7. I thoroughly enjoyed this though I agree with you Mr HG the beginning was very slow.
  8. Yes, a lot of them are unabridged. I subscribe to Audible (I find I'm much more willing to do the housework of I've got a book to listen to) and they do lots of deals.
  9. I discovered I could read when my mother had to answer the telephone while reading me Black Beauty. It was at the bit where BB sees a train for the first time and I picked up the book and realised I could understand the words. Haven't stopped since, however my mother stopped reading to me though she always told stories on car journeys. I read to my children until they were about 8 and stopped going to bed at a time when I could read without having to go off and do other things. We all love audio books. I don't like reading poetry in general but I love it read aloud.
  10. I loved this one too. I've got the third one on my Kindle and am keeping it for that moment when I know I'm going to need a book I can be totally wrapped up in.
  11. Miryem is the daughter and granddaughter of moneylenders, but her father’s too kind-hearted to collect his debts. They face poverty, until Miryem hardens her own heart and takes up his work in their village. Her success creates rumours she can turn silver into gold, which attract the fairy king of winter himself. He sets her an impossible challenge – and if she fails, she’ll die. Yet if she triumphs, it may mean a fate worse than death. And in her desperate efforts to succeed, Miryem unwittingly spins a web that draws in the unhappy daughter of a lord. Irina’s father schemes to wed her to the tsar – he will pay any price to achieve this goal. However, the dashing tsar is not what he seems. And the secret he hides threatens to consume the lands of mortals and winter alike. Torn between deadly choices, Miryem and Irina embark on a quest that will take them to the limits of sacrifice, power and love. Loosely based on Rumplestiltskin with a hefty dose of Jewish folklaw, a powerful imagination and some very strong female characters, this is a wonderful book. It passes the Bechdel test hands down, the main characters are all strong women, three of them not two, and when they do talk about men it's not about attracting them - won't say what for risk of spoliers, and the plot twists and turns in some unexpected and satisfying directions. So there's a bit of happy-ever-afterness at the end, this is a traditional tale after all, but it's on the women's terms, not anyone else's so isn't too cloying. Theonly minor quibble I'd have is the amount of head hopping - it didn't worry me but I know that lots of people hate that, however I'd recommend this to anyone who likes fantasy.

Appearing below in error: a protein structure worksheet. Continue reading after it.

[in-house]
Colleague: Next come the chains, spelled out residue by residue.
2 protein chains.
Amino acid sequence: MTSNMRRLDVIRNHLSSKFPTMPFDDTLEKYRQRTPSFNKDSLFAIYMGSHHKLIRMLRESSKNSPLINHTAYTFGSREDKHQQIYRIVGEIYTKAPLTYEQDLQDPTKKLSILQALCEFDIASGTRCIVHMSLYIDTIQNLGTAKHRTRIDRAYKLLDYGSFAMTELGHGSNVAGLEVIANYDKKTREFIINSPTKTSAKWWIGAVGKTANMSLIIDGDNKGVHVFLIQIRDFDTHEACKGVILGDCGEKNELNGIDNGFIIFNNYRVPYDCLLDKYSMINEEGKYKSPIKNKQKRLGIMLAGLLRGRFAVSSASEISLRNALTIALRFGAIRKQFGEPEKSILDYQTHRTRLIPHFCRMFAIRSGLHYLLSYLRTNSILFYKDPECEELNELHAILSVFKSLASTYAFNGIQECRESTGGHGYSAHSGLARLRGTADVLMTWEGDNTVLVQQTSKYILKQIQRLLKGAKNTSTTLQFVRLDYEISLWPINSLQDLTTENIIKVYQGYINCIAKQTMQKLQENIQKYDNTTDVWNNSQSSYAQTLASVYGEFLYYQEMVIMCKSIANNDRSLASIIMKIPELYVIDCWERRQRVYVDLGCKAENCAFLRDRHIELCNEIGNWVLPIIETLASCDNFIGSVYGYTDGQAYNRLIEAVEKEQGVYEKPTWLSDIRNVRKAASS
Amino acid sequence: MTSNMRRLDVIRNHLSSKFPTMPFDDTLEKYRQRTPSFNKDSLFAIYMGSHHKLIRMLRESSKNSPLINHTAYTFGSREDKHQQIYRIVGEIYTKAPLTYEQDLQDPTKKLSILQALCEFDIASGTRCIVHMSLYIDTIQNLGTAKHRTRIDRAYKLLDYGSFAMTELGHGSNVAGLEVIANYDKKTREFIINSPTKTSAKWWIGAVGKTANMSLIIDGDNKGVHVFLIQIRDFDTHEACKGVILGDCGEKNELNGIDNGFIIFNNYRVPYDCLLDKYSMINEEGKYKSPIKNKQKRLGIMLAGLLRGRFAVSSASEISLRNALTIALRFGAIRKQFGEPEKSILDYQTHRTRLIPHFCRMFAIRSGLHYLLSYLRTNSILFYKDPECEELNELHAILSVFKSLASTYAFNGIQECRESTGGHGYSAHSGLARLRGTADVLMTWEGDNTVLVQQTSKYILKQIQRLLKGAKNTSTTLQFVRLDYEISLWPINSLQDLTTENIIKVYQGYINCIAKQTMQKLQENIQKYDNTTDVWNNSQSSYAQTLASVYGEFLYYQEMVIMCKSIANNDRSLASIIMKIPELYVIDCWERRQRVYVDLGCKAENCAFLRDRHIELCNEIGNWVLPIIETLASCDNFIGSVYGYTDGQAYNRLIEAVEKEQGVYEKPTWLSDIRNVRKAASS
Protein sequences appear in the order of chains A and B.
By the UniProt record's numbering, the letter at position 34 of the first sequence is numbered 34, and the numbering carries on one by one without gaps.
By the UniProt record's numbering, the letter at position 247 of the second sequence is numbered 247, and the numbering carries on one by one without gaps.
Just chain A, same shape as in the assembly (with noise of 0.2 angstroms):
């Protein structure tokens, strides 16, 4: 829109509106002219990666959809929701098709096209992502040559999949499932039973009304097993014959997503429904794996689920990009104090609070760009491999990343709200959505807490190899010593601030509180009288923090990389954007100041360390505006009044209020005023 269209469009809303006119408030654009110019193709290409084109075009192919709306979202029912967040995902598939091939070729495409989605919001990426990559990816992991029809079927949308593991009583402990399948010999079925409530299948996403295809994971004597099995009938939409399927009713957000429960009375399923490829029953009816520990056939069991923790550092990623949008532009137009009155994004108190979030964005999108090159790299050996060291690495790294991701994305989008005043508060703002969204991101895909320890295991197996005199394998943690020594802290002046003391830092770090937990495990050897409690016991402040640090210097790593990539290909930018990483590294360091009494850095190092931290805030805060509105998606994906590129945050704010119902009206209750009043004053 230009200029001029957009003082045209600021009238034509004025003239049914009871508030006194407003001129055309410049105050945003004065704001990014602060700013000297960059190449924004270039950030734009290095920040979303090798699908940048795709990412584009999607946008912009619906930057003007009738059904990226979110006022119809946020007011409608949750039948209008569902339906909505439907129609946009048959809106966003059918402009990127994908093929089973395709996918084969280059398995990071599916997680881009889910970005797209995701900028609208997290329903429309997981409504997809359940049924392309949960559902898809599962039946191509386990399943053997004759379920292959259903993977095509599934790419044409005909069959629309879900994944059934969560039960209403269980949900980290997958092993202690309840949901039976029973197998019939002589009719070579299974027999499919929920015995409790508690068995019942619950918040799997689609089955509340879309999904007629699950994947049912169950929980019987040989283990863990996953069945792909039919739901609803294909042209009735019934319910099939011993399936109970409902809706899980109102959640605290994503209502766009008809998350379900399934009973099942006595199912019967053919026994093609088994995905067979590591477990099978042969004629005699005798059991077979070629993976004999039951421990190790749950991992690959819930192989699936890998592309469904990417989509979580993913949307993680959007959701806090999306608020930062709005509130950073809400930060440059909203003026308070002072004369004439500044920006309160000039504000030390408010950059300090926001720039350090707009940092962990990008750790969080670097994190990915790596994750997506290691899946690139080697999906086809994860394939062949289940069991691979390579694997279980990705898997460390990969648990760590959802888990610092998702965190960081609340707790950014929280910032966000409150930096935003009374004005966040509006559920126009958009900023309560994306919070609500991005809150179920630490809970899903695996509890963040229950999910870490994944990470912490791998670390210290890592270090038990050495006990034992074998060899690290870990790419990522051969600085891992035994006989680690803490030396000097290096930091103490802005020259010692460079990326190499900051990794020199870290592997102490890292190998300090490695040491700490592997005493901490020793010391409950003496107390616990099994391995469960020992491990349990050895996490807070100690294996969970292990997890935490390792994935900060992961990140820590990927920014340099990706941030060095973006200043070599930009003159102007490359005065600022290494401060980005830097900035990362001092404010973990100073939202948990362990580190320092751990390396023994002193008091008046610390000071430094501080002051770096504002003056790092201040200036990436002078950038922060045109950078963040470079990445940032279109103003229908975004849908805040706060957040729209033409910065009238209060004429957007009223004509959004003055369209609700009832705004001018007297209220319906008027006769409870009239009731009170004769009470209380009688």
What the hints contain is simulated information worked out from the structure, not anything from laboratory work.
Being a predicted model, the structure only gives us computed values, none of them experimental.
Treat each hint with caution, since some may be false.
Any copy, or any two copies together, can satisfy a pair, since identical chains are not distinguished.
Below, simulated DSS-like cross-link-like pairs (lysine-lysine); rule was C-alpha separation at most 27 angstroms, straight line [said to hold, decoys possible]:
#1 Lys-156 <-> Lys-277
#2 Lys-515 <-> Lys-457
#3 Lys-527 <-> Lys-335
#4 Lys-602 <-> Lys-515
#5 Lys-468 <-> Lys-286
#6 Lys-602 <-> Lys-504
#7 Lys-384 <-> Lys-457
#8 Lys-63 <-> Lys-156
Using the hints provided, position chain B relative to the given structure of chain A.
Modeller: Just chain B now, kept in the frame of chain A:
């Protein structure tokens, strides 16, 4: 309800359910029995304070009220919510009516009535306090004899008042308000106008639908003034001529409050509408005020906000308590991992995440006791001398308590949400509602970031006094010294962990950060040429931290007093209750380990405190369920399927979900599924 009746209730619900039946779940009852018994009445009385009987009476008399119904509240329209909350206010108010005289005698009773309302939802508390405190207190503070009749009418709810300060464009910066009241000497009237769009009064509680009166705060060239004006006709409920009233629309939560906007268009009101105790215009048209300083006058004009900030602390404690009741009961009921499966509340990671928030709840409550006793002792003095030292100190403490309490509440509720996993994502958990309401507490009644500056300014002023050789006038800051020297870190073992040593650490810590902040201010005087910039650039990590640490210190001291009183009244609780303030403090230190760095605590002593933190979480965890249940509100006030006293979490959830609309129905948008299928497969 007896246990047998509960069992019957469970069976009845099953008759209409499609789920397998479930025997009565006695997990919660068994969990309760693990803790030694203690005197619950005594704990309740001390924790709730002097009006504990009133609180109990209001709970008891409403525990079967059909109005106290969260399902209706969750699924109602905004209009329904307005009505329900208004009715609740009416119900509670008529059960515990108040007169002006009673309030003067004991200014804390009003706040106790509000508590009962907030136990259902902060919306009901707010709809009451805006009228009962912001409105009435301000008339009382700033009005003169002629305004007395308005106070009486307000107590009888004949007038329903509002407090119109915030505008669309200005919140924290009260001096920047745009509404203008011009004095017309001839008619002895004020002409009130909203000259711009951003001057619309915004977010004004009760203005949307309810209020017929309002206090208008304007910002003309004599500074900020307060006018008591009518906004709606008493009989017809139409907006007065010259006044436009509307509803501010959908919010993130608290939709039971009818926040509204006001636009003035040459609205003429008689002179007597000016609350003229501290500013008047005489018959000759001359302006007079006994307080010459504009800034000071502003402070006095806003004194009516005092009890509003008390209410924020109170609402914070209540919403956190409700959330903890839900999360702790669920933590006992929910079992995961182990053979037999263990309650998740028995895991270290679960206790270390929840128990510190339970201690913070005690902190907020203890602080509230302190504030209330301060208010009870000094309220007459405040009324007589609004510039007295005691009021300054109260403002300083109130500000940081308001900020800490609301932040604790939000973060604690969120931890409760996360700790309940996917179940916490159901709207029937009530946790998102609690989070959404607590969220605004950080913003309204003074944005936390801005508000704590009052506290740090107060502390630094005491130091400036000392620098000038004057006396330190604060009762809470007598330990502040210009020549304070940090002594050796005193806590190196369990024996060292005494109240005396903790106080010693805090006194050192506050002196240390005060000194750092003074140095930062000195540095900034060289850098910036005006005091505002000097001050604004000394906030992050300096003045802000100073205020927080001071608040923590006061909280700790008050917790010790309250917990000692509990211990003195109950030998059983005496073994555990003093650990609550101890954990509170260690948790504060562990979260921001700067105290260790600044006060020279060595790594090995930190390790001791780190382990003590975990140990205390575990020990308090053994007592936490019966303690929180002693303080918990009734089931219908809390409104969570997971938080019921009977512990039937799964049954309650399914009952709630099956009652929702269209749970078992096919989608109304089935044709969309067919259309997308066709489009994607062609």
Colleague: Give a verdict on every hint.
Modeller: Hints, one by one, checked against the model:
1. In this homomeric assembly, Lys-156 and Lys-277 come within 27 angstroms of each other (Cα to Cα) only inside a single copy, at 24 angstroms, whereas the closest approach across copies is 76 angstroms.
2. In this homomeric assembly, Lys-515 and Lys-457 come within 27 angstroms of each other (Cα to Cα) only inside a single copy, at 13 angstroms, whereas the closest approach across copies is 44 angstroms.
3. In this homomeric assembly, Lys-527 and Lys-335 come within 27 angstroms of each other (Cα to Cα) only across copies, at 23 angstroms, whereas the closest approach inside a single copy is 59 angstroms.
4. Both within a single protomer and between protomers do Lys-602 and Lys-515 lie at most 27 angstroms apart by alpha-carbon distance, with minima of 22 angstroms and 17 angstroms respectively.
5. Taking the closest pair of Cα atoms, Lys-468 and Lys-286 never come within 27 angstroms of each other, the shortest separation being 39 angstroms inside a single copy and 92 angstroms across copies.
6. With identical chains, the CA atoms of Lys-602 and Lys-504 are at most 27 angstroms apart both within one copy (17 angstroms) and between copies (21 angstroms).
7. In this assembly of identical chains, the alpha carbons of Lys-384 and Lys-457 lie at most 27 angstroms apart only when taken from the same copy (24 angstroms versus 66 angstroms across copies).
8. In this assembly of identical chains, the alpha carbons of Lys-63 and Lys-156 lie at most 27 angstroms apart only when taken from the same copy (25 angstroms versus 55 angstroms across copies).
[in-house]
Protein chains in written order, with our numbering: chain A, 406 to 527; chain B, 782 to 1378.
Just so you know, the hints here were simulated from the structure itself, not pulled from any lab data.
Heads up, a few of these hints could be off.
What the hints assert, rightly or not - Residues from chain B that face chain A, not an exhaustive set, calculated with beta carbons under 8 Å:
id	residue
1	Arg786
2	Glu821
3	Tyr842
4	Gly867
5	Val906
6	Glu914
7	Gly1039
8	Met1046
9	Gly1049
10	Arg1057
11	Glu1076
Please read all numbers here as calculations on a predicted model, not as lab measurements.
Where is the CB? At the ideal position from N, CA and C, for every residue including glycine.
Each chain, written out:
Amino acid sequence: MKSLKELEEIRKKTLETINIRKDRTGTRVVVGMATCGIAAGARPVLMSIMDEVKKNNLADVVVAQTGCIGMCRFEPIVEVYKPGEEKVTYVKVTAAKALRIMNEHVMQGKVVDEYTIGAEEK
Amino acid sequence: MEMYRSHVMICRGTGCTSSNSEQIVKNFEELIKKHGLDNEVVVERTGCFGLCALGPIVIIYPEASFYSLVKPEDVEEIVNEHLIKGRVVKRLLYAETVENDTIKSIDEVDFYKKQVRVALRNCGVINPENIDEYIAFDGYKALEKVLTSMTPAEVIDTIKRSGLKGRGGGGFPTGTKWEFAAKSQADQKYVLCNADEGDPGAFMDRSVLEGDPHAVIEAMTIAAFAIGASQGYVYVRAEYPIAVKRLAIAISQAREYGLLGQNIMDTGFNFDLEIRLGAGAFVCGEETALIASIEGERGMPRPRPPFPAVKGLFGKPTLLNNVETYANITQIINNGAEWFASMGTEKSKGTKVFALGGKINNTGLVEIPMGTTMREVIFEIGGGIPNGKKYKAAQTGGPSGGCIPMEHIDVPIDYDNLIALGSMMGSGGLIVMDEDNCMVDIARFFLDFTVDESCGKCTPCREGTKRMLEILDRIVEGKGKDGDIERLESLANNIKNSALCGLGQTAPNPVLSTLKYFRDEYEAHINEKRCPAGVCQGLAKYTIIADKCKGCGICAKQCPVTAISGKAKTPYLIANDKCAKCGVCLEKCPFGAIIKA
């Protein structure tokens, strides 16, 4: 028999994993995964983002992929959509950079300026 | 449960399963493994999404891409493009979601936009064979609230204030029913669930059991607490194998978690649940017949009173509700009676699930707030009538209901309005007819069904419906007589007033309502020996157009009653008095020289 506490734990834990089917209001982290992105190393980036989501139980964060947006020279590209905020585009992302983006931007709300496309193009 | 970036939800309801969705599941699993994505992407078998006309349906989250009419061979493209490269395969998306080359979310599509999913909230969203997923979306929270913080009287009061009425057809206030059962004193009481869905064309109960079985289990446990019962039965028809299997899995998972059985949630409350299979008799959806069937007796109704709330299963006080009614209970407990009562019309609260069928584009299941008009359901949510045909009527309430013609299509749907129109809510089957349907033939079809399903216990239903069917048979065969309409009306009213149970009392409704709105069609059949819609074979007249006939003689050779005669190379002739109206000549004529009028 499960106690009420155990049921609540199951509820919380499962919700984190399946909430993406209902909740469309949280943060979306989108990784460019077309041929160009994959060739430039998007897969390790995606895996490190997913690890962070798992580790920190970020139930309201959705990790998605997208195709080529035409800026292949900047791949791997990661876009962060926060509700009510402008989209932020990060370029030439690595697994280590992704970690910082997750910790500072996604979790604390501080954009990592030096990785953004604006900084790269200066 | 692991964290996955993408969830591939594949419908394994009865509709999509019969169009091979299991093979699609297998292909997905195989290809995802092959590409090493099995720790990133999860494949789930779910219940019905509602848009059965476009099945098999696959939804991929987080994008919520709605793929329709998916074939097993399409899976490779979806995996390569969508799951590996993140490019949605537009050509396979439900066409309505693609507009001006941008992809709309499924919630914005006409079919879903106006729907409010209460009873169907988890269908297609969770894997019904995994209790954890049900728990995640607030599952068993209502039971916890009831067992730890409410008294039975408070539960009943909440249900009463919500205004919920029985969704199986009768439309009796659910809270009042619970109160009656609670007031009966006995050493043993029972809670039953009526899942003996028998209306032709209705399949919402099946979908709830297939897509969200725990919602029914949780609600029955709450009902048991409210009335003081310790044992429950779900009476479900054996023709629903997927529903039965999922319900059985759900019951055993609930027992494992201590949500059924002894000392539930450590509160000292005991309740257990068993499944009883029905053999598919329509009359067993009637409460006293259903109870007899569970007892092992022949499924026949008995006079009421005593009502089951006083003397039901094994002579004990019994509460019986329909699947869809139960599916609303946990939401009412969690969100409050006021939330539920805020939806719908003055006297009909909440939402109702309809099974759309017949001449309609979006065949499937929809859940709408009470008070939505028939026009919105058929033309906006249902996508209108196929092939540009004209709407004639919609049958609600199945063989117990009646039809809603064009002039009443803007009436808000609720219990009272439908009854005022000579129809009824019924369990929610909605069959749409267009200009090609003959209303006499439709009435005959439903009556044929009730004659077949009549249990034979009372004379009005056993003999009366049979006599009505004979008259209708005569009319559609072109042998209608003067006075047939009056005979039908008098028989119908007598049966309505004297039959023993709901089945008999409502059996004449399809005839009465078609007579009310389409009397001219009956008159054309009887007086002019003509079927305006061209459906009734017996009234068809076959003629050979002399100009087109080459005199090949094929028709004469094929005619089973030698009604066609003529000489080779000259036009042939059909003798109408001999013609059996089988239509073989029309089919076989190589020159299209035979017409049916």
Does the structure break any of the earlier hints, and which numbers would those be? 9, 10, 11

12. We read this for our book group this month. I'd read it sometime ago and got bored as I found the mystery surrounding Ellie Deacon unconvincing and predictable, though the modern day killing of the family was far better done. To be honest it didn't improve that much on a second go. Generally everyone thought that the descriptions of place were terrific, the mystery less so. However I've also just finished listening to The Lost Man, her third book, which doesn't feature Aaron Falk, and I really enjoyed that one. She's definitely developing as a writer and I'm looking forward to her future books
  13. The Vanishing Pont - Val McDermid
  14. I read Catch 22 when I was about 18 because it was the in book of the moment. I liked it well enough then but not enough to want to re-read it.